[Hat-tip to Catholic World News]
[Minnesota pro-homo-marriage pol] Mark Ritchie gets uninvited [by archdiocesan authorities] from [liberal] Catholic [parish] speaking engagement
By Doug Belden
August 1, 2012
After consultation with archdiocese officials, a Roman Catholic church in Minneapolis has rescinded a speaking invitation for Secretary of State Mark Ritchie, who is at the center of controversies surrounding constitutional amendments on this fall’s ballot.
Minnesota’s top election official, Ritchie was invited to speak before Mass on Aug. 12 at St. Joan of Arc Church in South Minneapolis. His talk was titled “A Spiritual Path for Democracy.”
Jim Accurso, spokesman for the Archdiocese of St. Paul and Minneapolis, said Ritchie was not expected to address the constitutional amendments in his talk. But because he’s been a high-profile target of amendment-related criticism, his appearance is “just not appropriate,” Accurso said.
“The invitation to him is in the process of being withdrawn,” Accurso said Tuesday, July 31. “He will not be speaking on the 12th.”
Archdiocese policy allows local churches to invite political candidates or government officials at their discretion, as long as they comply with guidelines issued by the U.S. Conference of Catholic Bishops. Those guidelines relate primarily to partisan campaigning.
The guidelines say constitutional amendment ballot questions are considered legislative proposals and Catholic organizations’ involvement is “limited, not prohibited.”
Accurso said the archdiocese learned of the situation through a call from the Pioneer Press, though he said there may have also been a call to the archdiocese from a parishioner raising concerns.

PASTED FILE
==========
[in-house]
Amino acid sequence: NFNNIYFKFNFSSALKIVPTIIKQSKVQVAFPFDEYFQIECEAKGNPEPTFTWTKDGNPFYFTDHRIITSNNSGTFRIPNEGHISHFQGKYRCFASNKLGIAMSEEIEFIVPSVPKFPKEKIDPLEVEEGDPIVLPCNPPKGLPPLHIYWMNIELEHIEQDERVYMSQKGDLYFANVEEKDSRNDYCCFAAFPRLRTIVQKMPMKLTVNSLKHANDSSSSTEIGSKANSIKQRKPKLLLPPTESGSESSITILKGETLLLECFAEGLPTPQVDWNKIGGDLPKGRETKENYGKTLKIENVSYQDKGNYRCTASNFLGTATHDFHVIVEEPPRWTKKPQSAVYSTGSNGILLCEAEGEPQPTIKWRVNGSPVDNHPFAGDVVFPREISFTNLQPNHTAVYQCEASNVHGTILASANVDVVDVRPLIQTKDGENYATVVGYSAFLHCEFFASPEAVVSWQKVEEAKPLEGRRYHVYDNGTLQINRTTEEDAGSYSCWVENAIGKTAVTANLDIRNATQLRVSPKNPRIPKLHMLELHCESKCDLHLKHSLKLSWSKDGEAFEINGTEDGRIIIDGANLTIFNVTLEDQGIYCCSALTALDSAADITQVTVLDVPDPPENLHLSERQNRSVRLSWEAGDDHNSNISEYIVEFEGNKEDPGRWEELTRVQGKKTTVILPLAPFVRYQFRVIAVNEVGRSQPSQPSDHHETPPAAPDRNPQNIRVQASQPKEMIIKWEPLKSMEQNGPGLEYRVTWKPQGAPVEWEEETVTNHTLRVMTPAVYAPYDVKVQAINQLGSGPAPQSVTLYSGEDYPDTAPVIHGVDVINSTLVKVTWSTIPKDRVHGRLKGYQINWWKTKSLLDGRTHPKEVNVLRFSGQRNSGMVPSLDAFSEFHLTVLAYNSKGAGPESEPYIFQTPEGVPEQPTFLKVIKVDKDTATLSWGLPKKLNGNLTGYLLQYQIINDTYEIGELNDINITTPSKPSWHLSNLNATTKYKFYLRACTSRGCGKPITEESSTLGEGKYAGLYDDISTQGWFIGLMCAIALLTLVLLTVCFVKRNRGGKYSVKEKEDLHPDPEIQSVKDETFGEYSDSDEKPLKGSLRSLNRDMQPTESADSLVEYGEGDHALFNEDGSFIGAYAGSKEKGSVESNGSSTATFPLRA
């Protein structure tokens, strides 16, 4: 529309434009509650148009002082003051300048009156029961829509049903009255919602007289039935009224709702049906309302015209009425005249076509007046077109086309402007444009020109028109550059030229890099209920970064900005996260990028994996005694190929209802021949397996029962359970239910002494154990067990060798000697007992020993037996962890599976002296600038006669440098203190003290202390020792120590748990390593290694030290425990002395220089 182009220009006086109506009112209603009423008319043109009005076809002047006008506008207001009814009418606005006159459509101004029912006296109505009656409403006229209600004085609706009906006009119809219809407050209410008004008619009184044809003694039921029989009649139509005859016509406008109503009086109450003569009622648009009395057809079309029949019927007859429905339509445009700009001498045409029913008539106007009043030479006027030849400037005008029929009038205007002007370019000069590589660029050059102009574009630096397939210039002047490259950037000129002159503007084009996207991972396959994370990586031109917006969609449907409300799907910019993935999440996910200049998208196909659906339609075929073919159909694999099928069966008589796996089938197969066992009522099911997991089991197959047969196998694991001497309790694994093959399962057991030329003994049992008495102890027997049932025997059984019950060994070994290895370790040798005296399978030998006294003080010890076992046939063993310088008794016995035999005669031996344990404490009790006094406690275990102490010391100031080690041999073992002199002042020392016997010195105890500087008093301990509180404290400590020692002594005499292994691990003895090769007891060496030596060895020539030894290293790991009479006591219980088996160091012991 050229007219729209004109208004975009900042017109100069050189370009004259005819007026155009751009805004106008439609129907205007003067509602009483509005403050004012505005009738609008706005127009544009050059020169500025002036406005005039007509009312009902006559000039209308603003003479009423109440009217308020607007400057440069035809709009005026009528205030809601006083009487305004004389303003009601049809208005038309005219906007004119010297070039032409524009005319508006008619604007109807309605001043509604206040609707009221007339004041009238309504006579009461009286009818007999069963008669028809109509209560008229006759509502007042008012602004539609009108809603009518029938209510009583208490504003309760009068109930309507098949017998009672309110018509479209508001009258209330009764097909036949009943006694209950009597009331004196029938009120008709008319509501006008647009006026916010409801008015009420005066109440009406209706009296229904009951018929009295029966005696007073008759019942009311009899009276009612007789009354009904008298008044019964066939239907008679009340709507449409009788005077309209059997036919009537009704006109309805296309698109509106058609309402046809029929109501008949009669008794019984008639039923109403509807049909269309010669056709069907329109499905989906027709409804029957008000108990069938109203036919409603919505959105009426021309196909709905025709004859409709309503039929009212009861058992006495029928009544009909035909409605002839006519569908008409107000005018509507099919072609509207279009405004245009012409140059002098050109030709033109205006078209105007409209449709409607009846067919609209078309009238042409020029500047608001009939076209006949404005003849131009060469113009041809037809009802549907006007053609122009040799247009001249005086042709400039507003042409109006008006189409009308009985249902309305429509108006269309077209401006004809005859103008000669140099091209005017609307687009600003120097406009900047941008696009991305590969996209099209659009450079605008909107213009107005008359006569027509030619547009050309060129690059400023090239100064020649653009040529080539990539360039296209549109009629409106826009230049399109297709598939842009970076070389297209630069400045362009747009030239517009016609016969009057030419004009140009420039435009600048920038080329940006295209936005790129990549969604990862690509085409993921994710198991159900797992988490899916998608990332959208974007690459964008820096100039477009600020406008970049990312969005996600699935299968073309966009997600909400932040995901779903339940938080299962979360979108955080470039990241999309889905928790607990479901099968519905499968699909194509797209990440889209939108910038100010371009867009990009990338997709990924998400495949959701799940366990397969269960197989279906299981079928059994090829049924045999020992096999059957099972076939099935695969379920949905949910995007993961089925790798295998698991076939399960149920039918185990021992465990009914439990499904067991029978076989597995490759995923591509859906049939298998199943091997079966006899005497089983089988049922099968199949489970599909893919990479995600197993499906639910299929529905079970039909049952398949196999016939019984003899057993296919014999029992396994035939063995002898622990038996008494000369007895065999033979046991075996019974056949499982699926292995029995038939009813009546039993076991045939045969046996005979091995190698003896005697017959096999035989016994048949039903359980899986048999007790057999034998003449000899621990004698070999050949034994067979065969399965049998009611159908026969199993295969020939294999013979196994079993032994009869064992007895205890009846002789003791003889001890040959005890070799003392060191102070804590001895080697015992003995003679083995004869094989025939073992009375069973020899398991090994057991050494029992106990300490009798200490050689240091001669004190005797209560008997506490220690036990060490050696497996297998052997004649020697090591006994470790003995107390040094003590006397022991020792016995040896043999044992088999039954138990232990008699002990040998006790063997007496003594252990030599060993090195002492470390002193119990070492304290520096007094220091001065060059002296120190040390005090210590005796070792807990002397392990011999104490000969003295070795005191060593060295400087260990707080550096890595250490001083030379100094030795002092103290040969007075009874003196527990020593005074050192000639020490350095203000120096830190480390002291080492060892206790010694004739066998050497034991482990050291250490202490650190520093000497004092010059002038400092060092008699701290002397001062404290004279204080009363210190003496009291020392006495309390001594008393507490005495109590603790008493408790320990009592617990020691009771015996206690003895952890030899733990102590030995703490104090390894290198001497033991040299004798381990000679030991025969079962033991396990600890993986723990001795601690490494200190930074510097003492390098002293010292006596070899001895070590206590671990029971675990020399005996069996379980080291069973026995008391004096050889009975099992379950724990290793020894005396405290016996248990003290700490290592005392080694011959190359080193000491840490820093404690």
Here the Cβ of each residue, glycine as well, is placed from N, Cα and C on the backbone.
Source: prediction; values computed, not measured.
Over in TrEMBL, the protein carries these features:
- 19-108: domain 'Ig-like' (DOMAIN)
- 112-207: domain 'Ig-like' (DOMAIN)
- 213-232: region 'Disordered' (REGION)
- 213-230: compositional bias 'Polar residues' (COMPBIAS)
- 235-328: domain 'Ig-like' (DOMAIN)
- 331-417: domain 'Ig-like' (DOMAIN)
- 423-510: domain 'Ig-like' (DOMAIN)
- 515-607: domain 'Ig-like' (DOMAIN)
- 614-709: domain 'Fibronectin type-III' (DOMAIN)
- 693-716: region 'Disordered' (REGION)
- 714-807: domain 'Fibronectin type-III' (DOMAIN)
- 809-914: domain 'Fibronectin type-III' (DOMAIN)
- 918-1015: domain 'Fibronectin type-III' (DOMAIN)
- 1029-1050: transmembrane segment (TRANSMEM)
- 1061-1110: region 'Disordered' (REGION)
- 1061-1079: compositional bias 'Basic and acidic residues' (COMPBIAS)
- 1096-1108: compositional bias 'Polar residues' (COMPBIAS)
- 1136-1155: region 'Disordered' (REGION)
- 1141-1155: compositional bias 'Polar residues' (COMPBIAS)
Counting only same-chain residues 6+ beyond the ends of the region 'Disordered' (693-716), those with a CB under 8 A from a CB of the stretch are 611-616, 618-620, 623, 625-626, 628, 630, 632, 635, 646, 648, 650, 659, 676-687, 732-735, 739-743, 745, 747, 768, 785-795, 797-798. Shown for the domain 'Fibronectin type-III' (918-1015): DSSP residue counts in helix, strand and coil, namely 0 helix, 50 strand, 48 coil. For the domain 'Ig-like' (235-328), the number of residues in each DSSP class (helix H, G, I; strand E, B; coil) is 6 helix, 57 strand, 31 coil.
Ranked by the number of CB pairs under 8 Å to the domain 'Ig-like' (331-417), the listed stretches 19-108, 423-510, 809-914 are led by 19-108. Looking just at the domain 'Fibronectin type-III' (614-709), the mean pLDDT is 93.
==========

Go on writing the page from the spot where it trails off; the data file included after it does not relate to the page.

Calls to St. Joan’s officials and to Ritchie’s office were not returned.
Ritchie, who is not on the November ballot, is the named as a defendant in three lawsuits now before the state Supreme Court related to the two constitutional amendments that voters will be asked to consider.
One amendment would add a definition of marriage as an opposite-sex union; the other would require voters to show photo ID at the polls.
Ritchie has been criticized by GOP lawmakers who accuse him of misusing his office by campaigning against the voter ID amendment.
The Catholic church has been a big financial backer of the marriage amendment.
St. Joan’s, which is seen as among the archdiocese’s more liberal parishes, has clashed with the church hierarchy over speakers before.
In 2004, the church was asked to end its practice of having unordained guests speak during Mass. That was a year after then-Archbishop Harry Flynn canceled plans for a homily to be delivered at St. Joan’s by the Rev. Mel White, an ordained minister in a denomination founded by gays and lesbians.
And in 1978, St. Joan’s decision to bring in feminist and activist Gloria Steinem to speak from the pulpit drew a rebuke from then-Archbishop John Roach.